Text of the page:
Not long after I began to practise in WA, during a discussion with the president of ACA (WA), Jim Tunney, he reflected on the outcome of his lobbying for a genuine registration Act and getting a uniquely flawed Act. Unlike other health care Acts, the chiropractic Act did not preclude unqualified persons from doing what chiropractors do. Recently the government opened that floodgate.

Medical Registration Acts are all-inclusive. They do not confine the medical registrant’s scope of practice to her/his areas of formal competence. They do not legally require that medical registrants who wish to practice alternative/complementary health care must first obtain an equivalent qualification. Medical Registration Boards cannot define which registrant has, or has not, got equivalent qualifications in a particular non-medical service.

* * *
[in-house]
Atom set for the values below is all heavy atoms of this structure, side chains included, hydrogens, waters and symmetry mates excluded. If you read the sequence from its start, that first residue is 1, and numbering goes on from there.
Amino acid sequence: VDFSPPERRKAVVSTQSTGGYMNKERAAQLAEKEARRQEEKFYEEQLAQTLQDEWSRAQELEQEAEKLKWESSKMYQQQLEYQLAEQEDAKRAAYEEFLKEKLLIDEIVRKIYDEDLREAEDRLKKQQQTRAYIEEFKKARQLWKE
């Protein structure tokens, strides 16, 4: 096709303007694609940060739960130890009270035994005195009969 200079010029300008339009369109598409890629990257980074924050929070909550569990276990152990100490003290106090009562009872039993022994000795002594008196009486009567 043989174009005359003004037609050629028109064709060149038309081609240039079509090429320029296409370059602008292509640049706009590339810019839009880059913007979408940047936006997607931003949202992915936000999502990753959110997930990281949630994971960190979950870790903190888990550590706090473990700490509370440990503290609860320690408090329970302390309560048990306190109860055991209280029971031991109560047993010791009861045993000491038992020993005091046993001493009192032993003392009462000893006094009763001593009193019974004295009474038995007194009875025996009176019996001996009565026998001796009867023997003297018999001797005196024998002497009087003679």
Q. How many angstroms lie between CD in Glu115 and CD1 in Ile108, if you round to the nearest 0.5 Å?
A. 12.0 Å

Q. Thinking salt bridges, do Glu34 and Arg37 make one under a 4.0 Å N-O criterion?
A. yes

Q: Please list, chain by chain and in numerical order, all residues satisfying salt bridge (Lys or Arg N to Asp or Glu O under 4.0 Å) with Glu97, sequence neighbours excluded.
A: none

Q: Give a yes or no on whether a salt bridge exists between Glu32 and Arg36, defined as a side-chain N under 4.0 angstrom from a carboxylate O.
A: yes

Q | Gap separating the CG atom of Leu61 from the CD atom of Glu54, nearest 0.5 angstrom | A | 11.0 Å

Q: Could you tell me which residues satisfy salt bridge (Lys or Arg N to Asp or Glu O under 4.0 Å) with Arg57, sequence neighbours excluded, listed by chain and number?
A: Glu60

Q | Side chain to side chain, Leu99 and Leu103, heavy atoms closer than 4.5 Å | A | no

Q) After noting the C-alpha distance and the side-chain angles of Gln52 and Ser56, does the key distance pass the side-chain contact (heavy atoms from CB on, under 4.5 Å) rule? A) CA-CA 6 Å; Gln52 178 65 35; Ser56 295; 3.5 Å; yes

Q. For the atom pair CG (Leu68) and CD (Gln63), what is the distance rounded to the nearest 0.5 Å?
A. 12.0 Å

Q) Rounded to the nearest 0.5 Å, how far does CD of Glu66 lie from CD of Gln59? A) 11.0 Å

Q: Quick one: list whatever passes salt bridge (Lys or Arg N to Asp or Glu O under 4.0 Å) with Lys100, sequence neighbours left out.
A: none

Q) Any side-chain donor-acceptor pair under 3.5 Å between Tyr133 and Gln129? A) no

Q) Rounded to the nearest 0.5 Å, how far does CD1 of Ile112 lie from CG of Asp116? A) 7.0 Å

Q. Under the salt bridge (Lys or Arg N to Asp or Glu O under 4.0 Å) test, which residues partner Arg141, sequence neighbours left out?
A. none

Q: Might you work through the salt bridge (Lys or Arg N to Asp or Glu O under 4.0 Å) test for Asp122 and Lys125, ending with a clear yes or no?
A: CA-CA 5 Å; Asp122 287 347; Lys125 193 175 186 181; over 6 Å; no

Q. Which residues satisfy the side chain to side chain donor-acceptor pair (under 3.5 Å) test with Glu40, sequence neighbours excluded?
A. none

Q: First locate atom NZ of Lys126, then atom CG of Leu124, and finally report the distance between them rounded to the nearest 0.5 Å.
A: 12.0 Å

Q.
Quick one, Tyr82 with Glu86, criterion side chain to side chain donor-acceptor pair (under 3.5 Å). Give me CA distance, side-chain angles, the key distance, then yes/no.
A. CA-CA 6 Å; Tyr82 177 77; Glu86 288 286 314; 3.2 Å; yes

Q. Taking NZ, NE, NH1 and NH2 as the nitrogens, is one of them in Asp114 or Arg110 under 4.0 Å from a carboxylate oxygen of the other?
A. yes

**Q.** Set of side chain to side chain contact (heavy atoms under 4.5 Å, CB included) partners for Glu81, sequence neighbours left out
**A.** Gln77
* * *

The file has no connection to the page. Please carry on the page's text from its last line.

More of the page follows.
Decades ago, in Federal Parliament, The Green’s Dee Margetts asked the then federal minister for health, Michael Woodridge how Medicare defines, or limits reimbursement to, medical providers of alternative/complementary services to only those who have equivalent qualifications. Dr Woodridge confirmed that Medicare could not do that.

What Australia needs is non-discriminatory legislation that favours patient interests by precluding providers who lack the accreditation to provide and to charge for a particular service. At the same time, the law should assure public patient Medicare funded access to those registered providers who are best qualified to provide that particular service.

Michael McKibbin DC